For purist petrol heads, there’s nothing quite like the bone-rattling 15,000 rpm roar of an F1 grid. Parallels can be drawn across most other sports. The stirring patriotism national anthems bring before a Six Nations decider or the ‘deafening hush’ as a golfer stands over a 15-foot putt to win the Open. Live sport is about atmosphere and emotion, and no matter how good your surround sound, it never quite cuts the mustard watching from your front room.
Seeing Lucas di Grassi’s win in the Formula E over the weekend (from the sofa) it again felt hard to get used to hearing super-cars silently nipping round the circuit. However, made it the perfect city for Nissan to announce record sales for their electric vehicle fleet sales during the build up to Paris’ first grand prix.
Over the last three years there has been remarkable surge in demand for electric vehicles in the UK, with new registrations of plug-in cars increasing from 3,500 in 2013 to more than 58,000 at the beginning of April 2016. As a percentage of new car registrations, electric cars now represent around 1.3% of the total new car market in the UK in research undertaken by Next Green Car.
There are over 4,000 commercial electric vehicles now on the UK’s roads, with figures predicted to rise sharply over the coming years. Nissan’s growth, up 45 percent in 2015 is great news for the sector as a whole. It’s Nissan LEAF and e-NV200 in the fleet market also climbing for a fourth consecutive year in fiscal year 2015 with more than 20,000 EVs sold to fleet customers across Europe since launch – globally, that figure is almost 220,000 units sold.
It’s also more than just eco-aware private road users saving money and feeling better about themselves whilst sat in a polluted traffic jam; the UK fleet industry is waking up to the benefits of greener travel. According to CMF Capital’s John Mulheron we could see a huge shift in the commercial and fleet industries over the coming years.
“Yes, it’s taken time since the first electric vehicles hit the roads in the mid noughties, but the growth since the Government’s plug in scheme was launch in Jan 2011 and ongoing investment means there are 10,600 charging points across our road network. This has provided both the confidence and a financial rationale for the commercial vehicle industry to start the shift to EV’s.”
“Even with the falling cost of petrol and diesel there is a significant benefit in favour of electric. For instance, looking at a diesel van versus electric vans – taking typical diesel and electricity prices today and a year ago – the cost benefit over four years and 40,000 miles has reduced from £2,756 to £2,188. Multiply that across a 200 strong fleet, throw in the grants (for most models) and being congestion charge exempt and it becomes a compelling case for both large scale businesses and SME’s alike.” Continued Mulheron.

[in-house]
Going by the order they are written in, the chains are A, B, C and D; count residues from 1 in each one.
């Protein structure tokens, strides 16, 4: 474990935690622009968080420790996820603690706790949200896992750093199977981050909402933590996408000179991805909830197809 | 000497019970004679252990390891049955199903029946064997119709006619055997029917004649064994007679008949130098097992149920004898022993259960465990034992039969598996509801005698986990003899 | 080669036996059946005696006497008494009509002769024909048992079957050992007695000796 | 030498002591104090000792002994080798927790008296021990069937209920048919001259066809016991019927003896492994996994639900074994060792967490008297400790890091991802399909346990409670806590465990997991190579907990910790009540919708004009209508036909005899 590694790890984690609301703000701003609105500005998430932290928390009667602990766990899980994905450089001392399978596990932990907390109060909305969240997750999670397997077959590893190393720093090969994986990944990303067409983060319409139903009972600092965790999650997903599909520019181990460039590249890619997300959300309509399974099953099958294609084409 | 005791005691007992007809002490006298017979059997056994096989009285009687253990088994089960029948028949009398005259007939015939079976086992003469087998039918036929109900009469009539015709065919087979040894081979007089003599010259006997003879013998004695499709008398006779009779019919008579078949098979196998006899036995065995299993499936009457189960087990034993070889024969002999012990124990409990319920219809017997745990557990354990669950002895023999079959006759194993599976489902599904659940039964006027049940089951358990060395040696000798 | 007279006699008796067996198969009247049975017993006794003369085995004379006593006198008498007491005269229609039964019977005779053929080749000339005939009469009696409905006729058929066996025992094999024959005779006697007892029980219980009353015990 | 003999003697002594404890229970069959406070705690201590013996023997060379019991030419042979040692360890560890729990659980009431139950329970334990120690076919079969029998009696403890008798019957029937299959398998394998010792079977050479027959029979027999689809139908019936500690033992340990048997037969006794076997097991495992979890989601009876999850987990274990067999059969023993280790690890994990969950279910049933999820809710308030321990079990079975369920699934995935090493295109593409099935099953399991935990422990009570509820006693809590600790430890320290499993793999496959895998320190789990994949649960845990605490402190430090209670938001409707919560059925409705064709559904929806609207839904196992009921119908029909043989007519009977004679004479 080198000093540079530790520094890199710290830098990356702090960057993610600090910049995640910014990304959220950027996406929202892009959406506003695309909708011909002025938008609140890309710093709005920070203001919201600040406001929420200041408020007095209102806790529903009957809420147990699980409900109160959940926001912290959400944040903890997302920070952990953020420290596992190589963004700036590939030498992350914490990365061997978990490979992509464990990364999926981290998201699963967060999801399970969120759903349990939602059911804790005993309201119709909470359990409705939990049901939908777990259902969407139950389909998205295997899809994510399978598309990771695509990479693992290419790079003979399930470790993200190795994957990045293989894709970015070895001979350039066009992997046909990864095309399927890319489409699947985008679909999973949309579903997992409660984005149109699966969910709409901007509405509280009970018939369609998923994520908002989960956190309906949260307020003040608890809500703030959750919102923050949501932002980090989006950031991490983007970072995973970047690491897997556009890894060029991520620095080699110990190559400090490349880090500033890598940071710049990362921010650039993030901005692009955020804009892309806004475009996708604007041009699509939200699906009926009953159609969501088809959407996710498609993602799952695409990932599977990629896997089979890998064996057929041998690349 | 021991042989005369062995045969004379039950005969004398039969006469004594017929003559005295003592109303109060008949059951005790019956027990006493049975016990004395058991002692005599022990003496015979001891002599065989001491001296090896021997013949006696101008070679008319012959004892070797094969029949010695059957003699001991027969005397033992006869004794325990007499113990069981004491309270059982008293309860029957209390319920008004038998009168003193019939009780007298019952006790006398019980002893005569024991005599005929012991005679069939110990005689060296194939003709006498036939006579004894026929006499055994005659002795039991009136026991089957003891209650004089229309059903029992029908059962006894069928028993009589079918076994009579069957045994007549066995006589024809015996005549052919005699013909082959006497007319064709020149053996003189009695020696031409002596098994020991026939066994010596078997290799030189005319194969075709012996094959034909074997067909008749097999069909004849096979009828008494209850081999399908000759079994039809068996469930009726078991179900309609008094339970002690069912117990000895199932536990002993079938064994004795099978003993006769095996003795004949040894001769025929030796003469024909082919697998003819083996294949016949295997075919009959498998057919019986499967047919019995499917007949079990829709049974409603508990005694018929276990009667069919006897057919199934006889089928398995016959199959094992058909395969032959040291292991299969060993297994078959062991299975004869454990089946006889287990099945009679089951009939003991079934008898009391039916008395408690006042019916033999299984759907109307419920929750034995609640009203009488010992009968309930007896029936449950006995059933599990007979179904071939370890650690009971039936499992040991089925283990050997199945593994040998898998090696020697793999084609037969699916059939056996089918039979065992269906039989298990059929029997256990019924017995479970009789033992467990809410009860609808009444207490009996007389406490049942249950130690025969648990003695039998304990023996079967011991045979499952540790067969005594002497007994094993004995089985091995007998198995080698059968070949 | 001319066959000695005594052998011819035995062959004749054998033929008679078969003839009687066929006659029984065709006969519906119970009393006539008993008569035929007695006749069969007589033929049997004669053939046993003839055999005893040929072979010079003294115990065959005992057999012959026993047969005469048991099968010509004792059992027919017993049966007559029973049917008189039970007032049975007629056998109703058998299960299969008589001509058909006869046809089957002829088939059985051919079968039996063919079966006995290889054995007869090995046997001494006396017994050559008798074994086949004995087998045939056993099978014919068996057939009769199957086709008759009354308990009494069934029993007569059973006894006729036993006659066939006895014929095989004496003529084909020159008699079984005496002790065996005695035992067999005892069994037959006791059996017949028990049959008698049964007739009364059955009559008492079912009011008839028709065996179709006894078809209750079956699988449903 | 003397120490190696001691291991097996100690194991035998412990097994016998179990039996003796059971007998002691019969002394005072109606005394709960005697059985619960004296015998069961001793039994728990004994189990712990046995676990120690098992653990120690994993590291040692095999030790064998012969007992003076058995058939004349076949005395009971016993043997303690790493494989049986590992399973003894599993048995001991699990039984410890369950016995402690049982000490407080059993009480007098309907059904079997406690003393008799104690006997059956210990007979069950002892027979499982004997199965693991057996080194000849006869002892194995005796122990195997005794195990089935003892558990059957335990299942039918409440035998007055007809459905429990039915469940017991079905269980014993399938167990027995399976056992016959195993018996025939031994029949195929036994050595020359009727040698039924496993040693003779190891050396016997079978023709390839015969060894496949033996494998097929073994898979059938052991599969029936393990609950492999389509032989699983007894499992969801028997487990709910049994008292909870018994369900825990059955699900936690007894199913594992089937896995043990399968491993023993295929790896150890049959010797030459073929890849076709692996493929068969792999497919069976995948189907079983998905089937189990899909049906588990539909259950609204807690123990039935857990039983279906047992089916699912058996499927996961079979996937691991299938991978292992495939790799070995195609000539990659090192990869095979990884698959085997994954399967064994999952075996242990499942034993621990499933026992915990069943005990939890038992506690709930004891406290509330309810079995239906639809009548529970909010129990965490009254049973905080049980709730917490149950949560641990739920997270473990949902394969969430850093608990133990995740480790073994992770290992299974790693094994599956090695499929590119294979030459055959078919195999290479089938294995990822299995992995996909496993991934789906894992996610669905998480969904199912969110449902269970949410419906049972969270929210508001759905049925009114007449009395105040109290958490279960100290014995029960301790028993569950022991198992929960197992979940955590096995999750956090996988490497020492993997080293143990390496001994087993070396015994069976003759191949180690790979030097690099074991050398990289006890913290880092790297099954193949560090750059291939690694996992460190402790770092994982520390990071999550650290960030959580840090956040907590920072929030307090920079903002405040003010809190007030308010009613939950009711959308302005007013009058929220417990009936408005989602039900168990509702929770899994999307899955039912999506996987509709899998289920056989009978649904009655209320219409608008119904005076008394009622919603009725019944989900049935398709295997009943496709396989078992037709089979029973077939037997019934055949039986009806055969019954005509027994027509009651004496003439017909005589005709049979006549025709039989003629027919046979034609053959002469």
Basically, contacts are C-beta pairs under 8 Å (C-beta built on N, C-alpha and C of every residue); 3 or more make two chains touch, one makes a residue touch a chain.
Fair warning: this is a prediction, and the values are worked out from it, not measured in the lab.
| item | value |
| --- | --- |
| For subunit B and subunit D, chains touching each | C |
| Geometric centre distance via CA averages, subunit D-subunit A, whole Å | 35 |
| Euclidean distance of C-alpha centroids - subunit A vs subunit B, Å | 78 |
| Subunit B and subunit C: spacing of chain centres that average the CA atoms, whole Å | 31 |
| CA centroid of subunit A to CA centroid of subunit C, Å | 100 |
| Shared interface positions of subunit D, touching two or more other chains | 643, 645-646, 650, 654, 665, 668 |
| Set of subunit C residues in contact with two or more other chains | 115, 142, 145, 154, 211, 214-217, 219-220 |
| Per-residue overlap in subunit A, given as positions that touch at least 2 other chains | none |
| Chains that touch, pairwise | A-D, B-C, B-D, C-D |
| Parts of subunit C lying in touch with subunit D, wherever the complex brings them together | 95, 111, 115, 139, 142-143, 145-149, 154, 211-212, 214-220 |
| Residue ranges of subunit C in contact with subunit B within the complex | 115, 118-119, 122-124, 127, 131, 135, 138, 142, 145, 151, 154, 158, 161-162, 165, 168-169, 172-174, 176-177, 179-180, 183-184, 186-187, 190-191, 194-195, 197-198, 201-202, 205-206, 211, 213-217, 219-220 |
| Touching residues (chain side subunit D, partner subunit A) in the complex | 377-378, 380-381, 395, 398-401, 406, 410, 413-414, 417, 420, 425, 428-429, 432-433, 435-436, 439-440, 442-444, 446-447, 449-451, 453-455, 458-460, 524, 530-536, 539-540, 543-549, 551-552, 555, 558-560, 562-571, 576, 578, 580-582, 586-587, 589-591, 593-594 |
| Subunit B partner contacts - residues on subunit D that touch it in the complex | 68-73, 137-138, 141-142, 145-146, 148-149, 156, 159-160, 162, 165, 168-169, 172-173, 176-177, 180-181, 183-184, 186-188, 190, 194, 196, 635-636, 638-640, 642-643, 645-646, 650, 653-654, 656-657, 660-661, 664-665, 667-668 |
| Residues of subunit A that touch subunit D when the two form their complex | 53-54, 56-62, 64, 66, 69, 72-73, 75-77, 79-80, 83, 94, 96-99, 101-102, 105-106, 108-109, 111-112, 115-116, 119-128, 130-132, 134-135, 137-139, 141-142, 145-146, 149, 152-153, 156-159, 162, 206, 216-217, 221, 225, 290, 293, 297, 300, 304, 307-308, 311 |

The need to reduce fleet costs and meet organisational goals of emissions reduction are the two most common drivers for changing to a greener fleet. And to help meet this end, there is also some support available for infrastructure installations to help integrate their use into existing fleets.
Whilst it’s take a while for the industry to manufacture sexy commercial vehicles, Hollywood ‘s’lebs’ have been patting themselves on their eco-backs in shunning gas guzzling stretch limos in favour of an electric or hybrid motor for their Oscars grand entrance. Whilst that might be a more a vanity parade, the consumer industry has also been given further spark and awareness with flamboyant entrepreneurs like Telsa’s Elon Musk getting in on the EV act.
Not satisfied with developing an international payment system or sending rockets to outer space and landing them back in the same parking space, he’s now trying to change the way we drive.
Musk, will launch the Model 3 in late 2017 is increasing its range to about 200 miles, it’s handling and also performance, an array of techie gadgets at price mid-tier motorists can afford. He has made punchy forecasts of where Telsa and the industry might be in terms of sales by 2020.
“With Silicon Valley racing against the Chinese for control over the electric and driverless car markets, the consumers we will see rapid change if the Beijing Auto Show is look into the immediate future. Governments have emissions targets and arguably our addiction to fossil fuels is a harder habit to break than filling up at the pump.” Noted CMF’s Mulheron.
“There has been some great work by the Energy Saving Trust (EST) which has been supporting the commercial industry through its Plug-In Vehicles advice portal. It offers businesses a bespoke report with recommendations outlining the potential for plug-in vehicles within a fleet. Their broader Plugged-in Fleets Initiative (PIFI), launched in 2012 is dedicated to helping fleets to identify opportunities to integrate plug-in vehicles through whole life cost analysis and a comparison of existing vehicles with appropriate plug-in alternatives.”
The Government, for once, cannot be accused of sitting on its hands either. It is investing £500 million over the next five years in ultra-low emission vehicles, innovative technology and charging infrastructure to support jobs and growth and keep Britain as a global leader for ULEVs.
Whilst that sum maybe small beer compared to the others, it shows a desire and commitment to help both private and commercial fleet drivers make the change.
Given the very first electric car was invented by Thomas Parker in 1884 and our milk used to pootle around on an electric float for decades, maybe that next phase of change will arrive a little quicker than even Ernie, the “fastest milkman in the west” would have imagined.